___ NY3d ___, 2015 NY Slip Op 02800
In an Article 78 proceeding, if the respondent raises objections in point of law by pre-answer motion, and the motion is denied, “the court shall permit the respondent to answer”. (CPLR 7804 [f]) Despite the mandatory language there is an exception, recognized in Matter of Nassau BOCES Cent. Council of Teachers v Board of Coop. Educ. Servs. of Nassau County, 63 N.Y.2d 100 , which allows the answer to be bypassed where the facts are so fully developed in the parties’ presentations as to be undisputed, and where there will be no prejudice from taking the shortcut. In BOCES, for example, the objection in point of law had been to standing, and while the papers developed the facts they did not clearly rule out triable issues. An answer was therefore required before the merits could be ruled on.
Here, both Supreme Court and the Appellate Division majority found the facts sufficiently developed to allow decisions on the merits without an answer. They then reached opposite conclusions on those merits. The Court of Appeals, however, found the facts sufficiently in doubt as to disallow the procedural shortcut, vacated the judgment and directed the service of an answer by the respondent.
Petitioner was a student at NYU’s College of Dentistry. The underlying dispute was whether NYU had complied with its own procedures in finding that the petitioner had falsified records in a required dental clinic, in order to generate enough Practice Model Values (PMV) credits to graduate. The penalty imposed was dismissal from the College, without the possibility of reinstatement. It bears noting that NYU had not notified the petitioner that there was any problem with her status until the night before graduation, and that she was only made aware of the specific shortfall in her PMV credits some 15 minutes before graduation. To get to that point she had spent seven years and several hundreds of thousands of dollars. The falsification of records which brought her to this pass was in response, and was a single, isolated incident. Her petition sought reinstatement, a direction to the College to grant her degree, and attorney’s fees.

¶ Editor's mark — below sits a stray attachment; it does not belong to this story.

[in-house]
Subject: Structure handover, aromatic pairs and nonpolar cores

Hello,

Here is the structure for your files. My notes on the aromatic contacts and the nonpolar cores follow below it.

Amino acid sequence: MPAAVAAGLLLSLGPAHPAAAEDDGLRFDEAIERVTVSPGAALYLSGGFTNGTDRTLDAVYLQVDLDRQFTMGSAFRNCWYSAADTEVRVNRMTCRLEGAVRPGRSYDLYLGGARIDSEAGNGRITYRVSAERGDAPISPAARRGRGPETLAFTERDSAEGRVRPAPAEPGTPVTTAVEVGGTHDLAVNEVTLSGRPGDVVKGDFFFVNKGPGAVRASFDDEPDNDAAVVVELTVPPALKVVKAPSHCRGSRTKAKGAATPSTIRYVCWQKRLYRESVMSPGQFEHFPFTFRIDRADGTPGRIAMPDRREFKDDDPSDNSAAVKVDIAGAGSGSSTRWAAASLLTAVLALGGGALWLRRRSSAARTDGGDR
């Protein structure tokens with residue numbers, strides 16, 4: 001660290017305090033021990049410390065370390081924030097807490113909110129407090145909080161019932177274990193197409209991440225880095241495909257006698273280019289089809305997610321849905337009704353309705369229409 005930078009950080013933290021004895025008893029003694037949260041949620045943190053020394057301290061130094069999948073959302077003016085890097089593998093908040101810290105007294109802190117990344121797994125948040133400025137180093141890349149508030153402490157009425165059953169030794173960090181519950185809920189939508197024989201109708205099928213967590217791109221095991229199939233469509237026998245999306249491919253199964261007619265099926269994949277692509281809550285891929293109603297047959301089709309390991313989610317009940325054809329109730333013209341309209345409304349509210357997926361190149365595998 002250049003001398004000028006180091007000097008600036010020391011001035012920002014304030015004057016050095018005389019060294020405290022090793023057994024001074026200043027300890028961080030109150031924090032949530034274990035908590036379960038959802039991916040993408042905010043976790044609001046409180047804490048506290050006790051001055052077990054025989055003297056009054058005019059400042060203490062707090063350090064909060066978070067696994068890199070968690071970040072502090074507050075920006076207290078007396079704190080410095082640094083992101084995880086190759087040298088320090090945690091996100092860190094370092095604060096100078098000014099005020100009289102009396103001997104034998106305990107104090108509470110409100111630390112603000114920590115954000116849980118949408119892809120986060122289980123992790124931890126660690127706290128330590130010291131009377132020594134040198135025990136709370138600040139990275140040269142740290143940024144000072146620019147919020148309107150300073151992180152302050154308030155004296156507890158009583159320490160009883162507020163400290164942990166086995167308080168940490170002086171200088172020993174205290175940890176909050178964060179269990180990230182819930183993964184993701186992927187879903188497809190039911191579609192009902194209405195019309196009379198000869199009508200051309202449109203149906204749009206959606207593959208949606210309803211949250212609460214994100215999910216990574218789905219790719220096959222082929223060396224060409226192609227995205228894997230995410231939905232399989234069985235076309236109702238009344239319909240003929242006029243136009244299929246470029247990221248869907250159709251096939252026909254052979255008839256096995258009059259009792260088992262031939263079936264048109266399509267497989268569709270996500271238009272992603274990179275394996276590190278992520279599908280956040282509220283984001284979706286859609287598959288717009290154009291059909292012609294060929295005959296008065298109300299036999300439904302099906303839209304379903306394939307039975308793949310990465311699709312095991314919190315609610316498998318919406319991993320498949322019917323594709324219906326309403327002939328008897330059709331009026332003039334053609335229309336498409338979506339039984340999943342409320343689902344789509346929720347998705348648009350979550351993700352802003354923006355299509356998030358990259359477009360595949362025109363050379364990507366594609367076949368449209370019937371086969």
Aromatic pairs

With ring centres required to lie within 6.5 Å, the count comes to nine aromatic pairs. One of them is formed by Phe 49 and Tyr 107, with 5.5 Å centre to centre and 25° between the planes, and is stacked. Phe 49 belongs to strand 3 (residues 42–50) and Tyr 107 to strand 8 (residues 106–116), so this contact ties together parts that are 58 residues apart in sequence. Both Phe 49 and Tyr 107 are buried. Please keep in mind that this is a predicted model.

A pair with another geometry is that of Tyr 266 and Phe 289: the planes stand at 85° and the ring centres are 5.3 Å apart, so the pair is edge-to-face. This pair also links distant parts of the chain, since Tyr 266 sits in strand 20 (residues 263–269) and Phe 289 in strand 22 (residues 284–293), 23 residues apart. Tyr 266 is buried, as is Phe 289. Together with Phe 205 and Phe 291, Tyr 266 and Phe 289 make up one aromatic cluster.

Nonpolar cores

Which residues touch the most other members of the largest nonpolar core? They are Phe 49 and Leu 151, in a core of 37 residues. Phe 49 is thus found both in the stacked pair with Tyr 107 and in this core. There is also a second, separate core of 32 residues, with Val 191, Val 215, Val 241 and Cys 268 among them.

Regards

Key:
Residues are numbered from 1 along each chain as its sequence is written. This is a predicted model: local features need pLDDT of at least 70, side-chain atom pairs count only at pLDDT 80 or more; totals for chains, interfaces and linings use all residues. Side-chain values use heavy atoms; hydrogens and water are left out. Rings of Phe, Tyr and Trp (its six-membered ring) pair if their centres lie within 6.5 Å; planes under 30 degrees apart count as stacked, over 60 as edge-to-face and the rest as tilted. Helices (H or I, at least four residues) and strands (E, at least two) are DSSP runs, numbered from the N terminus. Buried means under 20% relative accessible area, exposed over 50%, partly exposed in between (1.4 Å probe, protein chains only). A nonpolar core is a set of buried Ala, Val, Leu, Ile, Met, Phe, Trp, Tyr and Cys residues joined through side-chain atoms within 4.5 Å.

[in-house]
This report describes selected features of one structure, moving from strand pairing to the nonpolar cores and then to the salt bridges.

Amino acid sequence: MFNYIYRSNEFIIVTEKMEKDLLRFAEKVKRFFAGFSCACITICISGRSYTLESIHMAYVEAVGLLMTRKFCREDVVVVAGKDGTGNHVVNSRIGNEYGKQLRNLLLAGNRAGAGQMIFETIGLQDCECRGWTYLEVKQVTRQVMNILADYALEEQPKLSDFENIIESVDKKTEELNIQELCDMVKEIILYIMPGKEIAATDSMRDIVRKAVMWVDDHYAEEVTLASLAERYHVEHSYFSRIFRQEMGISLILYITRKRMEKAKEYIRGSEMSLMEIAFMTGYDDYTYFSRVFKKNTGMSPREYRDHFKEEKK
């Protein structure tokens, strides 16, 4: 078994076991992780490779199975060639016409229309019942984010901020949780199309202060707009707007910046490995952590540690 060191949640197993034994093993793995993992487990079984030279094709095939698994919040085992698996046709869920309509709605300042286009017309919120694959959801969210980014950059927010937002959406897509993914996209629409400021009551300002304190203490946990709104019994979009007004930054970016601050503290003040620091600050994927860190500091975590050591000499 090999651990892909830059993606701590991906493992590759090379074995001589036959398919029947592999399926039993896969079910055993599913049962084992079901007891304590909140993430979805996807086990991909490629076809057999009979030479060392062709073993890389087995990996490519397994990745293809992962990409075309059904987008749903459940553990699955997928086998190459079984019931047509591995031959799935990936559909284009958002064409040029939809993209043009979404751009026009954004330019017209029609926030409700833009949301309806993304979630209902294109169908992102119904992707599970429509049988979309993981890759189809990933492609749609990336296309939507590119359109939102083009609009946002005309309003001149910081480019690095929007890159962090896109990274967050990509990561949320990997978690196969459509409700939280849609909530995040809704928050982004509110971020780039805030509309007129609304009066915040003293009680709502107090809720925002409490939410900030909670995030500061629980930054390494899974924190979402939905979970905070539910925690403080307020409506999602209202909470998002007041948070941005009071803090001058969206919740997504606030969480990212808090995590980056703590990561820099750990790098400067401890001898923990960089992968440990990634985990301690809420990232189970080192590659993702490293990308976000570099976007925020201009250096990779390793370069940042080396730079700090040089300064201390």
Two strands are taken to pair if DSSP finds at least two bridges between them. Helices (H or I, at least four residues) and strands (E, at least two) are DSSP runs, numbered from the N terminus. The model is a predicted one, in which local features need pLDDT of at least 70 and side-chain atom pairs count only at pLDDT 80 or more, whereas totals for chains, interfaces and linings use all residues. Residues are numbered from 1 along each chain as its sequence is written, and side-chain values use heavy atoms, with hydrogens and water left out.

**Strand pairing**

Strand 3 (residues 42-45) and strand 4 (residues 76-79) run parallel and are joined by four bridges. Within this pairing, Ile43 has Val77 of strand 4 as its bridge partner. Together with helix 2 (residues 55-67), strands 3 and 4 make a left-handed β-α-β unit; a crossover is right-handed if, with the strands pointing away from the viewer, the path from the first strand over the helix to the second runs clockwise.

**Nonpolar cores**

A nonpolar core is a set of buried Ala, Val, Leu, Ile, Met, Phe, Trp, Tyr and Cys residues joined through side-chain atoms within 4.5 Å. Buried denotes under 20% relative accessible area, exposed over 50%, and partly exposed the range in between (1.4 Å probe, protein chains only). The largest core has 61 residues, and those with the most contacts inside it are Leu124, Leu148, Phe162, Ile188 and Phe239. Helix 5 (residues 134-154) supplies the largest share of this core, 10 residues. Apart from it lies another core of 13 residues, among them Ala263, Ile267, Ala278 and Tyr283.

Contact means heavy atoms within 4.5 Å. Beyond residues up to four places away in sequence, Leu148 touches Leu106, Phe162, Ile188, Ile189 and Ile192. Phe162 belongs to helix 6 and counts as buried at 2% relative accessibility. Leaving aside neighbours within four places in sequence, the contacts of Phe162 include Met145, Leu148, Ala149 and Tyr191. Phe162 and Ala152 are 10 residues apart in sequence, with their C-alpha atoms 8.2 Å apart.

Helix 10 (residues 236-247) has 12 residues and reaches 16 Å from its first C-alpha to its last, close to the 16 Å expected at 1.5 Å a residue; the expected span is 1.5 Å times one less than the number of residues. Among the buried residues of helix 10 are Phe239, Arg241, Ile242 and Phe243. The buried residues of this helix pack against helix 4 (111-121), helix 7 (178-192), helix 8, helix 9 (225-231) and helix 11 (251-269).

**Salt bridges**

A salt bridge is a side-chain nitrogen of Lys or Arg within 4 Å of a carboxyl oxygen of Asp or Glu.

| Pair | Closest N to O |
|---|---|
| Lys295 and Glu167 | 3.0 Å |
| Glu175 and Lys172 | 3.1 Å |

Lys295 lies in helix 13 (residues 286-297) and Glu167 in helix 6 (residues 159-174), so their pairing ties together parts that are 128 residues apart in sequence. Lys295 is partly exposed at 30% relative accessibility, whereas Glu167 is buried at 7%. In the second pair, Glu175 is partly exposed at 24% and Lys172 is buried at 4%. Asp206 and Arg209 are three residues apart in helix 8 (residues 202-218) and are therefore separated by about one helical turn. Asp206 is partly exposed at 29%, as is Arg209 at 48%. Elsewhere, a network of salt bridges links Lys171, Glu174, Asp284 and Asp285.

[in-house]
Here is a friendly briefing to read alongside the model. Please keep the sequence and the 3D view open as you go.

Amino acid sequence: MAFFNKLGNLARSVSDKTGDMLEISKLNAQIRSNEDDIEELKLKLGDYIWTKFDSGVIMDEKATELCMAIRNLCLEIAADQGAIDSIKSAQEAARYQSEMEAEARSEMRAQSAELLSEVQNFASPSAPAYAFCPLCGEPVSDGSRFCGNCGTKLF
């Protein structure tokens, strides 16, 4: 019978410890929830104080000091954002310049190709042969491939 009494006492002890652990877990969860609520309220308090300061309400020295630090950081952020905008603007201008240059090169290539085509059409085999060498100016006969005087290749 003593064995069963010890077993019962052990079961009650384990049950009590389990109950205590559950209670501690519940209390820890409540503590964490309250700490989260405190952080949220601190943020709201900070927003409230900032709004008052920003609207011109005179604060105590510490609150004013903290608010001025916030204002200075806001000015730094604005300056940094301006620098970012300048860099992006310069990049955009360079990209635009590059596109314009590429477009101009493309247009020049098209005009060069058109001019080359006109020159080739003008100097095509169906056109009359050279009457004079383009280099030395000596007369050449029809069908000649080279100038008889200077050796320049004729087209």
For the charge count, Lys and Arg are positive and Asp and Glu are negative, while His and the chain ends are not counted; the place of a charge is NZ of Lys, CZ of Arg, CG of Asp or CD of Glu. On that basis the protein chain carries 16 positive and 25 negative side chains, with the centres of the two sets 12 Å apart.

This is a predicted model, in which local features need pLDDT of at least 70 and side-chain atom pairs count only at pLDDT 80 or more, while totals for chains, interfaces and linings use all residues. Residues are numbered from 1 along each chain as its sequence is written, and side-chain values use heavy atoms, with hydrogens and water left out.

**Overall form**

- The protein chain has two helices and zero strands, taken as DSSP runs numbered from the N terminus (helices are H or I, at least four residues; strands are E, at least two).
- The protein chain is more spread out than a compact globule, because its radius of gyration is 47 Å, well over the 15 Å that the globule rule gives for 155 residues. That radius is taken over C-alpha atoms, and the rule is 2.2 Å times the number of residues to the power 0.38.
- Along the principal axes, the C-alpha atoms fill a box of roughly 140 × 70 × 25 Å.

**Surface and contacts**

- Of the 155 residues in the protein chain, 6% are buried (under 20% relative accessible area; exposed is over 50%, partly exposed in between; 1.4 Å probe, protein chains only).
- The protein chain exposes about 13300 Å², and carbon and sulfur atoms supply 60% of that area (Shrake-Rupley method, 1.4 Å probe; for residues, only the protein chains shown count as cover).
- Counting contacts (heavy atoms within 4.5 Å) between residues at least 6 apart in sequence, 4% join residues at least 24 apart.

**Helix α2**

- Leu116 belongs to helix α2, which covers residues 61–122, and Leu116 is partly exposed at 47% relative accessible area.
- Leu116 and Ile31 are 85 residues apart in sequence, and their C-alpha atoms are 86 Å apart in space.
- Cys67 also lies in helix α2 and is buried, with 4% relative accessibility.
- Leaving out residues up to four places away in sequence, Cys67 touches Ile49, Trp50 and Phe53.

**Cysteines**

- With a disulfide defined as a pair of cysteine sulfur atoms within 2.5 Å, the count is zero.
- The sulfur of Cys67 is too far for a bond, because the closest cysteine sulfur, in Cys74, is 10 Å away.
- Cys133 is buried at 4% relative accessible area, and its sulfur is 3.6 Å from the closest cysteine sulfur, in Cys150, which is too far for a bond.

The precise objection in point of law was unspecified in the opinions of the trial court, Appellate Division or Court of Appeals, but appears to have been simply that the petitioner had no valid claim. There were issues as to which of two codes of ethics applied, whether NYU had complied with its own procedures under the applicable code, and whether the penalty of dismissal from the college without the possibility of reinstatement was shocking to the conscience.
In any event, Supreme Court addressed the merits, granted NYU’s motion and dismissed the petition. Supreme Court found that NYU had chosen the applicable code of ethics, had substantially complied with its own procedures, and that while the resulting penalty was “indeed quite awful”, it was not so awful as to shock the conscience.
The Appellate Division majority also addressed the merits, reversed Supreme Court, denied the motion and granted the petition. The Appellate Division majority found that NYU had failed to comply with its own procedures under either code, and that the penalty was so disproportionate to the offense as to be shocking to the conscience. The majority opinion recognized the rule requiring an answer, but held that the facts were so completely developed that there was no need for an answer. There was a two-judge dissent, which also would have reversed, but would have limited appellate relief to a remand to allow the respondent to answer.
The issue in the Court of Appeals was whether the Appellate Division had erred in considering the merits after denying the motion to dismiss. The Court of Appeals held that it had, finding triable issues as to whether NYU had complied with its own procedures. That was sufficient to rule out the procedural shortcut and to allow NYU to serve an answer. The matter was therefore remitted to Supreme Court.